The late 20th and 21st century tech boom-related gentrification of San Francisco has rapidly and violently displaced longtime city residents, particularly in the predominantly Latino neighborhood of the Mission District. While some may characterize this gentrification as more economically than racially consequential, the negligible overlap between Latino and techie demographics means that the possible disappearance of Latino San Francisco is very real. This essay uses the famed murals of the Mission District as the lens through which we can see Latinos’ complex and historical presence in this California city, and then interrogate how they can continue to play a part in its future.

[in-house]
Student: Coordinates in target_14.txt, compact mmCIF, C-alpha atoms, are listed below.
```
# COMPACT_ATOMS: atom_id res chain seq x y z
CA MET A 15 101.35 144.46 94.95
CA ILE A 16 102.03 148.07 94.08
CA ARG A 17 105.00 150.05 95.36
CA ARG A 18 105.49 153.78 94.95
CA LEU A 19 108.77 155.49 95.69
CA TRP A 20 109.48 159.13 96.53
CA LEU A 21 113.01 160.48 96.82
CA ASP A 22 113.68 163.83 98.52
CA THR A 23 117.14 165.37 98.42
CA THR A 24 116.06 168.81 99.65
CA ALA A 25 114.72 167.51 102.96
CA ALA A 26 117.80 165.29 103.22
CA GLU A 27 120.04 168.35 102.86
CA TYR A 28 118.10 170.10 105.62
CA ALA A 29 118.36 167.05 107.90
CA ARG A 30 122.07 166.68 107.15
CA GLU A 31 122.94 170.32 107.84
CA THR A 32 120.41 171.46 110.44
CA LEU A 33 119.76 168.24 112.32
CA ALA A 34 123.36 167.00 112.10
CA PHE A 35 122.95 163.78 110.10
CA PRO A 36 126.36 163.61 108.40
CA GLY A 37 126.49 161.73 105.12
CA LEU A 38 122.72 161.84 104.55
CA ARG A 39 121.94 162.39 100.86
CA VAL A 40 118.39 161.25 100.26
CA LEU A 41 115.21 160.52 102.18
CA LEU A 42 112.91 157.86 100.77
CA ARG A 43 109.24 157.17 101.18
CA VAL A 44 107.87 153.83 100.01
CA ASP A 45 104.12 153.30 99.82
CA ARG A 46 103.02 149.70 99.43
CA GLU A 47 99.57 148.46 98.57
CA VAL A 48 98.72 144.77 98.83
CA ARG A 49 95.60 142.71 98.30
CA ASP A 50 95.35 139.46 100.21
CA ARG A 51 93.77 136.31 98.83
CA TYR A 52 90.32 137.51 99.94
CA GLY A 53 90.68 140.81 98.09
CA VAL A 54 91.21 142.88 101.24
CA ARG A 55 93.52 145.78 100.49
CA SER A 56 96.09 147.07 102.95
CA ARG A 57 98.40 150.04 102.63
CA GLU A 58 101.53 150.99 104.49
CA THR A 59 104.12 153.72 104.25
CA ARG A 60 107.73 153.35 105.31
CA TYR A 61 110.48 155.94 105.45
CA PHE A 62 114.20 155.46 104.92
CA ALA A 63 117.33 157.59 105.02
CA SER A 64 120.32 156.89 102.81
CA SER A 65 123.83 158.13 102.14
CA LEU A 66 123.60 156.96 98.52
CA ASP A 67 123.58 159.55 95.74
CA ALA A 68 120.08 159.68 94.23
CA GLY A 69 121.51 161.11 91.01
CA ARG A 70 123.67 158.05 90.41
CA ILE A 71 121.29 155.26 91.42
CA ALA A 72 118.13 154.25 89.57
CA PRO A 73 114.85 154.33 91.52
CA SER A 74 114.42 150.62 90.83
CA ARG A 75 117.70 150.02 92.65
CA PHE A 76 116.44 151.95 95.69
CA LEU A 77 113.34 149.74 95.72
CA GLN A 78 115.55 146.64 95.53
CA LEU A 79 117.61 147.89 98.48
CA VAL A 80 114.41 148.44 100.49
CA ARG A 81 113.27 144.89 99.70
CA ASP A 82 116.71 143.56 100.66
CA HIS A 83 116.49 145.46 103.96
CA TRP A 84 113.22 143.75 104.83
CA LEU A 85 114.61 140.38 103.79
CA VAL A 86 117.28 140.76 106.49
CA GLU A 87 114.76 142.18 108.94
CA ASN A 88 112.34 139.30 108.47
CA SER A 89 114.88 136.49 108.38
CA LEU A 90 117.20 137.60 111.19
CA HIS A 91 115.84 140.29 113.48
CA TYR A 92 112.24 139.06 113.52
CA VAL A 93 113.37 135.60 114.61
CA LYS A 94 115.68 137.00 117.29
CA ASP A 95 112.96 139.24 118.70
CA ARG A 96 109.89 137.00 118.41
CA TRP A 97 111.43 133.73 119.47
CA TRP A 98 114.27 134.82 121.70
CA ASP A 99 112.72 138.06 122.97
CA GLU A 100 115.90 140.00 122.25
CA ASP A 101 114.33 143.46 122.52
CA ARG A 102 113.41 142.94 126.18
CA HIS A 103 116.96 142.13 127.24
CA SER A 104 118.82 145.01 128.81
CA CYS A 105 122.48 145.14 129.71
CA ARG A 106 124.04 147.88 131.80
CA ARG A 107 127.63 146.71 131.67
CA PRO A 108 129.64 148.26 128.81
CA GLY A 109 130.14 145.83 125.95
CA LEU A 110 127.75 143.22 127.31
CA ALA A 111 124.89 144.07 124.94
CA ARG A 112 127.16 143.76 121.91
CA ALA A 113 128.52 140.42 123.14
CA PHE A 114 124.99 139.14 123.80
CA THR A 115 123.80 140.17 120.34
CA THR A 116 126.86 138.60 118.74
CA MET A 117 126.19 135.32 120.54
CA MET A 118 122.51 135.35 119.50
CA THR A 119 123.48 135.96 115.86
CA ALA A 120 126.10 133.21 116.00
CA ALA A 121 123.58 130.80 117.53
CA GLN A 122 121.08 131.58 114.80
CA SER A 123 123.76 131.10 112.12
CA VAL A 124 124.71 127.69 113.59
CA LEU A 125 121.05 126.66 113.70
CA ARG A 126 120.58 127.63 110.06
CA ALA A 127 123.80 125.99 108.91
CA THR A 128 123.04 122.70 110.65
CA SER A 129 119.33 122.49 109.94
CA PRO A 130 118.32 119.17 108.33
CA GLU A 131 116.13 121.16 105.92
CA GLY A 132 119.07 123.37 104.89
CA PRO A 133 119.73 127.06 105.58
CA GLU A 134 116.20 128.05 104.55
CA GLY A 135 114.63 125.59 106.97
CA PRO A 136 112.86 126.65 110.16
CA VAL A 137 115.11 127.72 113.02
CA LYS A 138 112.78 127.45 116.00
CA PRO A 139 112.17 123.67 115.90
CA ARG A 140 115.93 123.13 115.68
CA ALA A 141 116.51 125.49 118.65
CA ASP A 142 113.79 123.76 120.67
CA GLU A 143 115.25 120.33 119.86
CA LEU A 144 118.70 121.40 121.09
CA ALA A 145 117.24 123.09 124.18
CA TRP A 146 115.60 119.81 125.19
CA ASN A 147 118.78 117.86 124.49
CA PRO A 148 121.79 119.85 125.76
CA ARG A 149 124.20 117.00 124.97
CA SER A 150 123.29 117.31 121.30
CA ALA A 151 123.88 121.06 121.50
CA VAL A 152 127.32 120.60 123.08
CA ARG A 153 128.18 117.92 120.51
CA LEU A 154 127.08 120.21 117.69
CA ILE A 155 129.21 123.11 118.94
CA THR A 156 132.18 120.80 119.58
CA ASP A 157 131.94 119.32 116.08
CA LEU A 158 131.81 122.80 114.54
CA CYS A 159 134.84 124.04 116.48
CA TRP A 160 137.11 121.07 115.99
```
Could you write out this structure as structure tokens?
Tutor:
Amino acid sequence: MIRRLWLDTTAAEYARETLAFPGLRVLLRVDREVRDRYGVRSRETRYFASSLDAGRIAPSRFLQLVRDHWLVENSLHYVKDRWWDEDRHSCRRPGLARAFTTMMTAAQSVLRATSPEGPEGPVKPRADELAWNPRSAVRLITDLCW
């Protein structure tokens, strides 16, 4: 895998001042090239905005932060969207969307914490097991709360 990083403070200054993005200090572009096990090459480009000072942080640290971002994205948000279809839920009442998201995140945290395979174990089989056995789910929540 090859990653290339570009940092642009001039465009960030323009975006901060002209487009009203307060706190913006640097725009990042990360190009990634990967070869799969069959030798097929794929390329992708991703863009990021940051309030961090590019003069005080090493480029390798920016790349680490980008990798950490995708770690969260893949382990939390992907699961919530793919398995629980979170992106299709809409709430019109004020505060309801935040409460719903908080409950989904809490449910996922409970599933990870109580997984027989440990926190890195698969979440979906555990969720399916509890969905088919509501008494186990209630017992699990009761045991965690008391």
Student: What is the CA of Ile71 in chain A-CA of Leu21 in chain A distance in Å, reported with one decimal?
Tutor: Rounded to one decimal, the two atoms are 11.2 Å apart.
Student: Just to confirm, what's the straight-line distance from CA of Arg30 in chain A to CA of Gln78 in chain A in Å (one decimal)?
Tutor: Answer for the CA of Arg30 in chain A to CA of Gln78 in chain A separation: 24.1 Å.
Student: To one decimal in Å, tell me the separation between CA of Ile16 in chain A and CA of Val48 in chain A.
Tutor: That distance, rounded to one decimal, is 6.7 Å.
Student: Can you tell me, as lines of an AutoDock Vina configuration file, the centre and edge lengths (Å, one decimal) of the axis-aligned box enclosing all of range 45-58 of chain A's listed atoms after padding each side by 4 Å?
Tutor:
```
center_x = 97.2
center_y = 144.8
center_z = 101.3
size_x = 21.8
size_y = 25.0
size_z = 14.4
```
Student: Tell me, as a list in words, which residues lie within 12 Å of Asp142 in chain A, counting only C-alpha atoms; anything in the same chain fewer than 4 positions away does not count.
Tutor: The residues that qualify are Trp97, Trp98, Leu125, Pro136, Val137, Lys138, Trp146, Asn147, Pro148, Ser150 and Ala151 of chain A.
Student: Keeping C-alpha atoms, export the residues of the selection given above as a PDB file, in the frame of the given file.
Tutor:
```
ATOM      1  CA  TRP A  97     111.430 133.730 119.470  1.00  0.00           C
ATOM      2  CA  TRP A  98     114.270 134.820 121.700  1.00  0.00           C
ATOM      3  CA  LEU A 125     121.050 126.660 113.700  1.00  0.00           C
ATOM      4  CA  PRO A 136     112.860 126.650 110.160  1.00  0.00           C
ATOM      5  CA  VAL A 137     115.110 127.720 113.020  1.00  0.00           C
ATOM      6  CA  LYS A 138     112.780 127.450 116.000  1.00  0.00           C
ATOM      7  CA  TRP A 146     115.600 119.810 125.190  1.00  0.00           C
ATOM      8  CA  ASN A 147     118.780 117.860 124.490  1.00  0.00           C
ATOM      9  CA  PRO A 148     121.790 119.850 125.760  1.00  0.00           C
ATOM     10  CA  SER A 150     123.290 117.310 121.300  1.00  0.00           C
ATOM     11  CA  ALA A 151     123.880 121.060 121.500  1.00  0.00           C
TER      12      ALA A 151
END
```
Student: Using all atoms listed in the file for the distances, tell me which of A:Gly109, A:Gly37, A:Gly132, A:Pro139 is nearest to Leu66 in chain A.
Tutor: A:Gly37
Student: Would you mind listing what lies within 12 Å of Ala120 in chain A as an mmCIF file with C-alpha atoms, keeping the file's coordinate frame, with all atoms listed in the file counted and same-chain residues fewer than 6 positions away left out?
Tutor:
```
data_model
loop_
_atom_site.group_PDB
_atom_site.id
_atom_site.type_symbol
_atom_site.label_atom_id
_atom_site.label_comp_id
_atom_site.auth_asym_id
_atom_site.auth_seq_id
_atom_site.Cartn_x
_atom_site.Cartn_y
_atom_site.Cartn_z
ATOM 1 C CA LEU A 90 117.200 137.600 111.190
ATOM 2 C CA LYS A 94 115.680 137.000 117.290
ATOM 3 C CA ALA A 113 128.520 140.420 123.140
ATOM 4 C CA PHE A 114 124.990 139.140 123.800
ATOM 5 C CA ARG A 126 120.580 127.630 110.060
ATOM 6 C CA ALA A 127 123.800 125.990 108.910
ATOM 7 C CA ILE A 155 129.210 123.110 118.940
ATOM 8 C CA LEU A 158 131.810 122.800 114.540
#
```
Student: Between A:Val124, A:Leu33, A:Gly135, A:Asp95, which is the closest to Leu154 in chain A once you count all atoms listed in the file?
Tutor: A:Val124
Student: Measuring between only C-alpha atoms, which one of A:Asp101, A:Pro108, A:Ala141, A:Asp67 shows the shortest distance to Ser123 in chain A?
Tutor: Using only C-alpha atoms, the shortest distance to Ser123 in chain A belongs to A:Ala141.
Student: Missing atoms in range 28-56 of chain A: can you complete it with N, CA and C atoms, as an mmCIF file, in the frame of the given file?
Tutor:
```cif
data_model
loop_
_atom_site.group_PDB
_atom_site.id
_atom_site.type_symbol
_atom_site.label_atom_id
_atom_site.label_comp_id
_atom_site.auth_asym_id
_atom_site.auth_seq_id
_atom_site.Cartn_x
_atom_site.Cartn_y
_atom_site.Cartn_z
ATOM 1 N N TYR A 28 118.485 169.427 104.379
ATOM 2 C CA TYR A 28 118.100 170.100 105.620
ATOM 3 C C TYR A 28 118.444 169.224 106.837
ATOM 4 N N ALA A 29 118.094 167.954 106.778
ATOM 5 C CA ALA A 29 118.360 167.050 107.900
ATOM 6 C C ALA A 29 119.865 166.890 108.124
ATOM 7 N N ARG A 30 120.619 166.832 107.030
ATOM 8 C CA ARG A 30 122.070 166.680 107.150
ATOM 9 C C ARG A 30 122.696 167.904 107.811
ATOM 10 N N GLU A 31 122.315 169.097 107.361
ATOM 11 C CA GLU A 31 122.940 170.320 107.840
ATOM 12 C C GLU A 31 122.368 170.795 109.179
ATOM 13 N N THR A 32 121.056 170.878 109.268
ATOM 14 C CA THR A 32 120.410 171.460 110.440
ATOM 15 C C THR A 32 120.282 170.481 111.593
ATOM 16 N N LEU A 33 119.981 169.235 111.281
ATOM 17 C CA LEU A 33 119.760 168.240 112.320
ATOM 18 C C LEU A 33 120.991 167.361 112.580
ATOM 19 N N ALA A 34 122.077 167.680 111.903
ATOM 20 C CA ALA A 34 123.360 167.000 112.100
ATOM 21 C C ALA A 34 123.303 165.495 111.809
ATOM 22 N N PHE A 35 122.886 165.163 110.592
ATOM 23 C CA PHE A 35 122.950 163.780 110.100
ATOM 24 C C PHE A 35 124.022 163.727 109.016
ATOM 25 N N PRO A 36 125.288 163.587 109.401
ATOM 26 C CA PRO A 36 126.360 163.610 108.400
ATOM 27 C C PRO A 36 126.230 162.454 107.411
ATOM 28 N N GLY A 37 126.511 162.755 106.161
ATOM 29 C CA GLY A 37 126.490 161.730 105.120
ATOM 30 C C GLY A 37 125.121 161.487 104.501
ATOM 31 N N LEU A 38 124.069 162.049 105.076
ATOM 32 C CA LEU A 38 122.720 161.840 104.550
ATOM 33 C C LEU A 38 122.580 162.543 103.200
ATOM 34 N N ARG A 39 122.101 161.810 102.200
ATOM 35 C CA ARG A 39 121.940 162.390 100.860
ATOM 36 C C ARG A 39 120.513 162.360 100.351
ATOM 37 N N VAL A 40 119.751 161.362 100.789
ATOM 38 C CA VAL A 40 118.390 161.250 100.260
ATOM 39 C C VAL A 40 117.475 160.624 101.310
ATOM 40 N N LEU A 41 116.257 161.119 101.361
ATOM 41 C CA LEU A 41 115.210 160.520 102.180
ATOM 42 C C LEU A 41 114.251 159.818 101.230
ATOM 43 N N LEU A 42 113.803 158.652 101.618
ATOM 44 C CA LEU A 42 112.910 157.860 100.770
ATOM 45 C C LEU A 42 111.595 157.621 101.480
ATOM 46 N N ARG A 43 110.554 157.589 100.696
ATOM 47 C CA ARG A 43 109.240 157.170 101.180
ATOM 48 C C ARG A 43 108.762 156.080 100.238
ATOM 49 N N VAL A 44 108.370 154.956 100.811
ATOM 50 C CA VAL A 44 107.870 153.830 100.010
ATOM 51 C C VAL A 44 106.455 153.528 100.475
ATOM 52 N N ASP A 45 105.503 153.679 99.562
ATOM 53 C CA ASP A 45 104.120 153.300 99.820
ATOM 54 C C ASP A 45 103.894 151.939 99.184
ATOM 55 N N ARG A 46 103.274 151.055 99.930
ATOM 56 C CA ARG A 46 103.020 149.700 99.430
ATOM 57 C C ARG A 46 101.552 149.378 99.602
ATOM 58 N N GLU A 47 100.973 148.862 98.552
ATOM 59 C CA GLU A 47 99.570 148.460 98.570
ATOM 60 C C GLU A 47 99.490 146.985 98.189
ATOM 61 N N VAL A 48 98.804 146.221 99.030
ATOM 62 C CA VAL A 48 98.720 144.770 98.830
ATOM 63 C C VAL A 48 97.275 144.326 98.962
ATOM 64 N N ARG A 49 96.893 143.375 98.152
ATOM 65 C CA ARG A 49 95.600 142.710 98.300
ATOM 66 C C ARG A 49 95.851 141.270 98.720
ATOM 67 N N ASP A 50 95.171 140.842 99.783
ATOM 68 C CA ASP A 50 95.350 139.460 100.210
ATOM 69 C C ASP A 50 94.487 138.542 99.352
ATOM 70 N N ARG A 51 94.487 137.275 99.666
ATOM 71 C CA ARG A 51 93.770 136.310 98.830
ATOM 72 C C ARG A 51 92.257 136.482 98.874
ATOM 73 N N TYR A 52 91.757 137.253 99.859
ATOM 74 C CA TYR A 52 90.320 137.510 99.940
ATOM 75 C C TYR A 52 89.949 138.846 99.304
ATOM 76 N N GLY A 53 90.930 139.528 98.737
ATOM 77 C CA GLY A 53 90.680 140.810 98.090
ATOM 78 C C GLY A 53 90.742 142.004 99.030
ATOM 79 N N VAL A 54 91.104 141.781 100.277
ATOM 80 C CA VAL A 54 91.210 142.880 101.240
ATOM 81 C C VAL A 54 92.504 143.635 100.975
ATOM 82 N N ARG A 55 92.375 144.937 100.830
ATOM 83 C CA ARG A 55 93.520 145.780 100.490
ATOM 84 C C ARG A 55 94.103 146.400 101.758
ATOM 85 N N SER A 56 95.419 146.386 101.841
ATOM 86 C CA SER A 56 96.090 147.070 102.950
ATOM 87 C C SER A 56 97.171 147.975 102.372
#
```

Seeing Through Murals: The future of Latino San Francisco
Lori A. Flores is an assistant professor of history at Stony Brook University specializing in the histories of US Latinos, immigration, labor, and the US-Mexico borderlands. She is the author of Grounds for Dreaming: Mexican Americans, Mexican Immigrants, and the California Farmworker Movement (Yale), which was named Best History Book by the International Latino Book Awards. Her scholarship engages the public through advocacy for underrepresented groups in higher education and immigrants and farmworkers in the United States.
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Lori A. Flores; Seeing Through Murals: The future of Latino San Francisco. Boom 1 December 2016; 6 (4): 16–27. doi: https://doi.org/10.1525/boom.2016.6.4.16
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